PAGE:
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Summary:

Ryan Flynn got himself a Roku XDS and a new antenna when he embarked on his cord cutting adventure. Now he’s getting HD TV that looks better than cable, and he is saving around $70 per month. But for Flynn, it wasn’t just about saving money.

ryanflynn

What’s it like to cut the cord from pay TV? What’s working, what’s missing, and what kind of equipment does the best job replacing the cable box? In our new weekend series, we’re asking cord cutters to tell us about their experiences. This week’s featured cord cutter is Ryan Flynn, who estimates that he saves around $70 per month since he cut the cord.

A few weeks ago I did what some might deem impossible or unthinkable: I cancelled cable TV. In retrospect it was long overdue. With today’s technology and high speed internet connections, I can watch most of my favorite shows on-demand with little or no extra cost. Ditto for movies, news, and even some sports.

Pre-Cord Cutting Setup: Our house has two TVs: a 42” LCD coupled with a soundbar/subwoofer on the main floor and a 50” DLP with 5.1 surround sound in the basement. The TV on the main floor has a DVD player and in the basement we have a DVD player and Xbox 360. We also have been subscribers of Netflix’s 2-disc-at-a-time plan for years and use their streaming service to watch movies on the Xbox.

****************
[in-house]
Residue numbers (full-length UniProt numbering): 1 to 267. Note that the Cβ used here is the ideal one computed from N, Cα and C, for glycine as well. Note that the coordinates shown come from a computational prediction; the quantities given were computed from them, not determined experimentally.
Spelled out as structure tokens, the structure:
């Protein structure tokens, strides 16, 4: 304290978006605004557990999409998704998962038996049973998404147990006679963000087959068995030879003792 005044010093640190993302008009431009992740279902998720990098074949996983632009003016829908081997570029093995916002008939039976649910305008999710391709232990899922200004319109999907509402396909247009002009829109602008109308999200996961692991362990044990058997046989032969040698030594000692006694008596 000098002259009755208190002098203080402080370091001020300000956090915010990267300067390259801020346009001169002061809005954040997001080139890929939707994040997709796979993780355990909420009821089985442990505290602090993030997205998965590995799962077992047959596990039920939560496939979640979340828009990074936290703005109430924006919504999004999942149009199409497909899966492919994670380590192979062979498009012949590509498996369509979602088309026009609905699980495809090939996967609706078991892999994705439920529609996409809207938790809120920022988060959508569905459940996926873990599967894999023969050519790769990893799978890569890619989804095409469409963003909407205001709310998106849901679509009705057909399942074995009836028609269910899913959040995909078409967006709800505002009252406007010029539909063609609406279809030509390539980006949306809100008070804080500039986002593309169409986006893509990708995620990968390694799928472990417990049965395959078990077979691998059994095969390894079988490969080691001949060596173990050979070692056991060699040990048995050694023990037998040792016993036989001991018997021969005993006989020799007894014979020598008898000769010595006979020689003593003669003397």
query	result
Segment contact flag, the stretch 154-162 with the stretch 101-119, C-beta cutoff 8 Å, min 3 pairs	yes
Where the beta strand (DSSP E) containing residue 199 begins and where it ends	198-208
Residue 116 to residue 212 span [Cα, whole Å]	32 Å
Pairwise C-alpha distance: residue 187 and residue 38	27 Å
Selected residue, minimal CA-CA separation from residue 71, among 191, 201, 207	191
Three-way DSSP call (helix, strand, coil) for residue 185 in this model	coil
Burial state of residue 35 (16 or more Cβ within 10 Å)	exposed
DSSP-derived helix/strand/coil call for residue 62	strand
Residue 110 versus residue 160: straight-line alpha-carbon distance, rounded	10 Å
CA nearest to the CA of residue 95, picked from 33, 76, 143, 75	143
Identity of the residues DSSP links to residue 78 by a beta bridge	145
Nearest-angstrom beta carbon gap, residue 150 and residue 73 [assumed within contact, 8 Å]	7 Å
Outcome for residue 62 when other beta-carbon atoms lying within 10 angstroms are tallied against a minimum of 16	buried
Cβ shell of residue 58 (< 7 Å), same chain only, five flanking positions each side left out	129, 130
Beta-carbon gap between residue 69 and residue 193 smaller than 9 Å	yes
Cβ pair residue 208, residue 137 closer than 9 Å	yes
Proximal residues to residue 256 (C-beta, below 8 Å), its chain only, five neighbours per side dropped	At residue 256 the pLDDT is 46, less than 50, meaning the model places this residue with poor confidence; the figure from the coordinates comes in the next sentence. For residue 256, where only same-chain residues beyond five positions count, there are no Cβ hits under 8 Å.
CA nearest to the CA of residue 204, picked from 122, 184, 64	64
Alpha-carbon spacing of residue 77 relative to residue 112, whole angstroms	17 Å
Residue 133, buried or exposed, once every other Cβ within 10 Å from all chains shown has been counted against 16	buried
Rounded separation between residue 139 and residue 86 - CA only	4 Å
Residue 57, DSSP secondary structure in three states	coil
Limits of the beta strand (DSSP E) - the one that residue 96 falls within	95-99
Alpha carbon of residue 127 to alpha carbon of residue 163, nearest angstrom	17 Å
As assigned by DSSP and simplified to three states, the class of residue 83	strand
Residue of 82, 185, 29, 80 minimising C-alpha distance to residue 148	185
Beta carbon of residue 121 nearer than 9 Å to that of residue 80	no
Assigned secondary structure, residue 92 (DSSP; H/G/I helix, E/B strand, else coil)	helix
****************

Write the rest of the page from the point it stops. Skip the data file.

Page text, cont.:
Our traditional TV package that we had for the past year was from AT&T’s U-Verse.  Before I made the call to cancel the U-Verse TV, I put together the following products and services for a seamless transition:

1) Antennas Direct DB4 Multi-Directional HDTV Antenna An antenna hooked up to your TVs still allows you to get all of your local channels, over the air, for free, the good ol’ fashioned way. Lucikly, my attic was already wired with coax cable from a previous owner who had satellite. This allowed me to easily split the antenna signal to both TVs in the home without running extra wires. To my surprise, all of the local HD channels look better when received over the air than they do on AT&T or Comcast. However, a HUGE disappointment is that the local CBS station doesn’t come in at all. Doing some research online, it appears a lot of people in the Chicagoland area experience the same problem. Once the snow melts and the weather gets warmer I may attempt to mount the antenna outside on the side of the house towards the transmitter.

Cost Savings Breakdown:
U-Verse Costs Pre Cutting the Cord
U-Verse U-200 Package – $70/monthly
HD Technology Fee – $10/monthly
HD Premier Fee -$5/monthly
Additional Receiver – $7/monthly
Total: $92

One Time Costs to Make the Transition
HDTV Antenna – $45
Roku XDS – $100